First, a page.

From regulations to repairs to landlord insurance, there’s a lot to consider. Here, we share seven tips for how to get your home rental-ready.
1. Check where you can add value
Start by thinking about where you can add value to the property. A property that presents well – for example, walls that have a fresh lick of paint, new taps or doorknobs, and new appliances – can make a big difference to the amount of rent you can charge, not to mention save you the headache of repairing or replacing items down the track. Upgrades take time, however, so if you’re hoping to be leasing a property out sooner rather than later you should get started on the renovations straight away.
2. See that everything is in working order
Some of a landlord’s critical responsibilities include ensuring utilities such as electricity, gas, heating and aircon are all in order and that there are no health-related causes for concern in the home, like mould or rising damp. Gas and electric hot-water heaters typically last 10 years or so, while taps last 15 to 20 years; if yours are roughly that old they may need replacing. You’ll also want to check the fire and smoke alarms on your property are working properly.
3. Tend to general house maintenance
Much like making sure everything is in working order, you should also address any general house maintenance. In addition to tending to the garden and the exterior of the property, you’ll also need to fix anything that’s broken inside – things you may have grown used to living with. To make sure you don’t overlook anything, go through and inspect each room thoroughly, checking for anything that needs replacing or repairing, for example mouldy bathroom grout, dripping taps, broken tiles or chipped paint.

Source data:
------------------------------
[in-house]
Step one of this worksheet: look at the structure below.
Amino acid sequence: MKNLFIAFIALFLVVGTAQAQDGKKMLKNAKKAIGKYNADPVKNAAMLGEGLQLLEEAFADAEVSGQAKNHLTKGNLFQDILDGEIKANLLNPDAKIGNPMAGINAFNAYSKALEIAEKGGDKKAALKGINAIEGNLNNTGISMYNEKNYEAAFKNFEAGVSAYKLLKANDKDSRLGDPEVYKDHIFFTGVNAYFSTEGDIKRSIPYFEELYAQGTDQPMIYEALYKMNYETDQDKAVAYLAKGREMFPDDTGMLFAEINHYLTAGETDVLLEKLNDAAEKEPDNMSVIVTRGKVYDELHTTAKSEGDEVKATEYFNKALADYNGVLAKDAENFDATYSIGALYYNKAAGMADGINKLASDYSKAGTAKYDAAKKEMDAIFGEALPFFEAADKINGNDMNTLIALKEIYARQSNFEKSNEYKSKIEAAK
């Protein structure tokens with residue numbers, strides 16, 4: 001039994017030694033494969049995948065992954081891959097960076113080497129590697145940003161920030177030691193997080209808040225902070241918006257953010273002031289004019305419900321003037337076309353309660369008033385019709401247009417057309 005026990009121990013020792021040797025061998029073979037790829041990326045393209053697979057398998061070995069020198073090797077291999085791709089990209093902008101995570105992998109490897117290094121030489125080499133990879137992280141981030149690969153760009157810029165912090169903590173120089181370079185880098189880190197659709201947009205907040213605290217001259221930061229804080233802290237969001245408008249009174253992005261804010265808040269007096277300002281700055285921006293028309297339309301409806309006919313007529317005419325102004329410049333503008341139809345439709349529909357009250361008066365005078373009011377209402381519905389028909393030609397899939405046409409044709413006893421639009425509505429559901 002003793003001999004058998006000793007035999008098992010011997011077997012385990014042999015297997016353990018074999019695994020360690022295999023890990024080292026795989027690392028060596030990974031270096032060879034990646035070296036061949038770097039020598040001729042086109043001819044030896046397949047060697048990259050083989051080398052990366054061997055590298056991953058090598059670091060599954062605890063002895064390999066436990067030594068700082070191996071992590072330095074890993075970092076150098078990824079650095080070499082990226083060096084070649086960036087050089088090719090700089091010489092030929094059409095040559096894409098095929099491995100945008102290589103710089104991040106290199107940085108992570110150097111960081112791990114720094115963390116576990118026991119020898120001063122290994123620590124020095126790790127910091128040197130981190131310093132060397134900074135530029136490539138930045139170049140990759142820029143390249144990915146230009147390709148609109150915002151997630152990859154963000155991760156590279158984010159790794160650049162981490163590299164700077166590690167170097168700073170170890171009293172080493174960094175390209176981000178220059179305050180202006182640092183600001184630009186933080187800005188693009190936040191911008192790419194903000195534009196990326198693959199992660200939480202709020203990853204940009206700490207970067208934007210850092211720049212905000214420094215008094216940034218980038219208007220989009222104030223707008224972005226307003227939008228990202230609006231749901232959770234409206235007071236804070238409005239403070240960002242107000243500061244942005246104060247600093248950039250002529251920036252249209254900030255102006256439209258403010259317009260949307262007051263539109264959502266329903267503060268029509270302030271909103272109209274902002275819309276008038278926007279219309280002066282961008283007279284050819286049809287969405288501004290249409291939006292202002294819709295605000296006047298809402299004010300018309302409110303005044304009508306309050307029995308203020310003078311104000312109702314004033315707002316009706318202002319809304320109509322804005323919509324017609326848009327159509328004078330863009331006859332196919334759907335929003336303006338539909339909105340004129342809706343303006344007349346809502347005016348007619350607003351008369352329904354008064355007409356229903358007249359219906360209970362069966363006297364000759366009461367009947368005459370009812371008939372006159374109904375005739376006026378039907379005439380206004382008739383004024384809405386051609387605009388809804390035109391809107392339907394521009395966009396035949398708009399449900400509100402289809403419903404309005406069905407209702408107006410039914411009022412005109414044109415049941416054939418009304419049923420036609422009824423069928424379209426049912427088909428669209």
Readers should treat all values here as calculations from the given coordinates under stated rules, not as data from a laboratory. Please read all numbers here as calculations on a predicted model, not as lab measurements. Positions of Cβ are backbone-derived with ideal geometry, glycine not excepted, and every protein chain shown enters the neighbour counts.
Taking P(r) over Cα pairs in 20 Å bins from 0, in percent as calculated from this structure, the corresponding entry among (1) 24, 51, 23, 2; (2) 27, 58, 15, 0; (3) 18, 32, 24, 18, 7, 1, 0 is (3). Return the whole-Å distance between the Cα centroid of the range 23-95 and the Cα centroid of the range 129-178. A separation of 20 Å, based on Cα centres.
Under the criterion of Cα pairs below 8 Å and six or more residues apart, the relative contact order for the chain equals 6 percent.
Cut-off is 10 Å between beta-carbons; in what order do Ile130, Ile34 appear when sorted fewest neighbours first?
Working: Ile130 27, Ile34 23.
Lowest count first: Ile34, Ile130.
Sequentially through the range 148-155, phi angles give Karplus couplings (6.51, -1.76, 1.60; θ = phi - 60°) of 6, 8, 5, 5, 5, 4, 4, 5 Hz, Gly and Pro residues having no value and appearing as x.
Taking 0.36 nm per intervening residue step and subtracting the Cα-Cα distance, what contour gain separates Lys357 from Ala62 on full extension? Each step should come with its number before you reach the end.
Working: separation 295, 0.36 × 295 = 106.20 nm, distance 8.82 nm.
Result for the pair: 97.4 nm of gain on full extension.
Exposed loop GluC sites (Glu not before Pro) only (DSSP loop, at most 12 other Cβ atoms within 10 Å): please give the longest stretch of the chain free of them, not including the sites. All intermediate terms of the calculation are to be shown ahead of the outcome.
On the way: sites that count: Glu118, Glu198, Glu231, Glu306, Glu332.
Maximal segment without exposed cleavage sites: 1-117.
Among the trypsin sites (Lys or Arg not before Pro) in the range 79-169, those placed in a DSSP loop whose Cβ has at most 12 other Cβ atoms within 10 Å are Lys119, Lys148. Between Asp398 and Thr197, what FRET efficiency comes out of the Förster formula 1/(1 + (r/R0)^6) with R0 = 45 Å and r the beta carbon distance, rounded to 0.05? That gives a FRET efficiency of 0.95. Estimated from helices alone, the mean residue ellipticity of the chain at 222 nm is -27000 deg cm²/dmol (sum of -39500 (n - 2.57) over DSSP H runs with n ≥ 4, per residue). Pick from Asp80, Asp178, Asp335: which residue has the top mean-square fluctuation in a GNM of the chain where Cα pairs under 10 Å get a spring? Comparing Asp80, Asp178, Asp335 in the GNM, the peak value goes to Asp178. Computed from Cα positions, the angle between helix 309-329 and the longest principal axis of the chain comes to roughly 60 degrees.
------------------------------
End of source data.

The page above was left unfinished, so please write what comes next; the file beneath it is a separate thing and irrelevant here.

4. Know the regulations
Before leasing a property, a landlord needs to ensure the property adheres to certain regulations and safety guidelines. If you’re leasing a property through a property manager, they should be able to talk you through the guidelines and tell you whether your property is compliant. If not, you’ll need to do your own research. Areas that typically come up include pool fencing, safety rails on balconies, blind cords being safely stored and locks being installed for every window.
5. Deep clean every room
The property will need to be deep cleaned, particularly after a long tenancy. The carpets will likely need to be shampooed, any grease build-up in the kitchen will need to be removed and the bathroom will need to be disinfected. While you can do it yourself, ot could be worth investing in professional cleaning services as they’ll have the proper cleaning equipment and products to do it right. Remember, you want to set the tone for how you expect your tenants to treat your property.
6. Change any locks
If you’re in between tenants, order new keys for the existing locks or replace them. You should also use this time to ensure you have spare keys made for you or your property manager for all entry doors, window locks and letterboxes. Alternatively, for entry doors, you might consider installing an electronic keypunch lock, which can be reprogrammed before the next set of tenants and save you the effort of having to cut new keys each time.
7. Get insured
The last, and important, step is to buy landlord insurance. This type of insurance covers you against potential damages or financial losses caused by tenants, their guests, and pets. Whether you’re leasing a property yourself or using an agent, landlord insurance offers a level of financial protection for out-of-pocket expenses, such as paying for unforeseen repairs.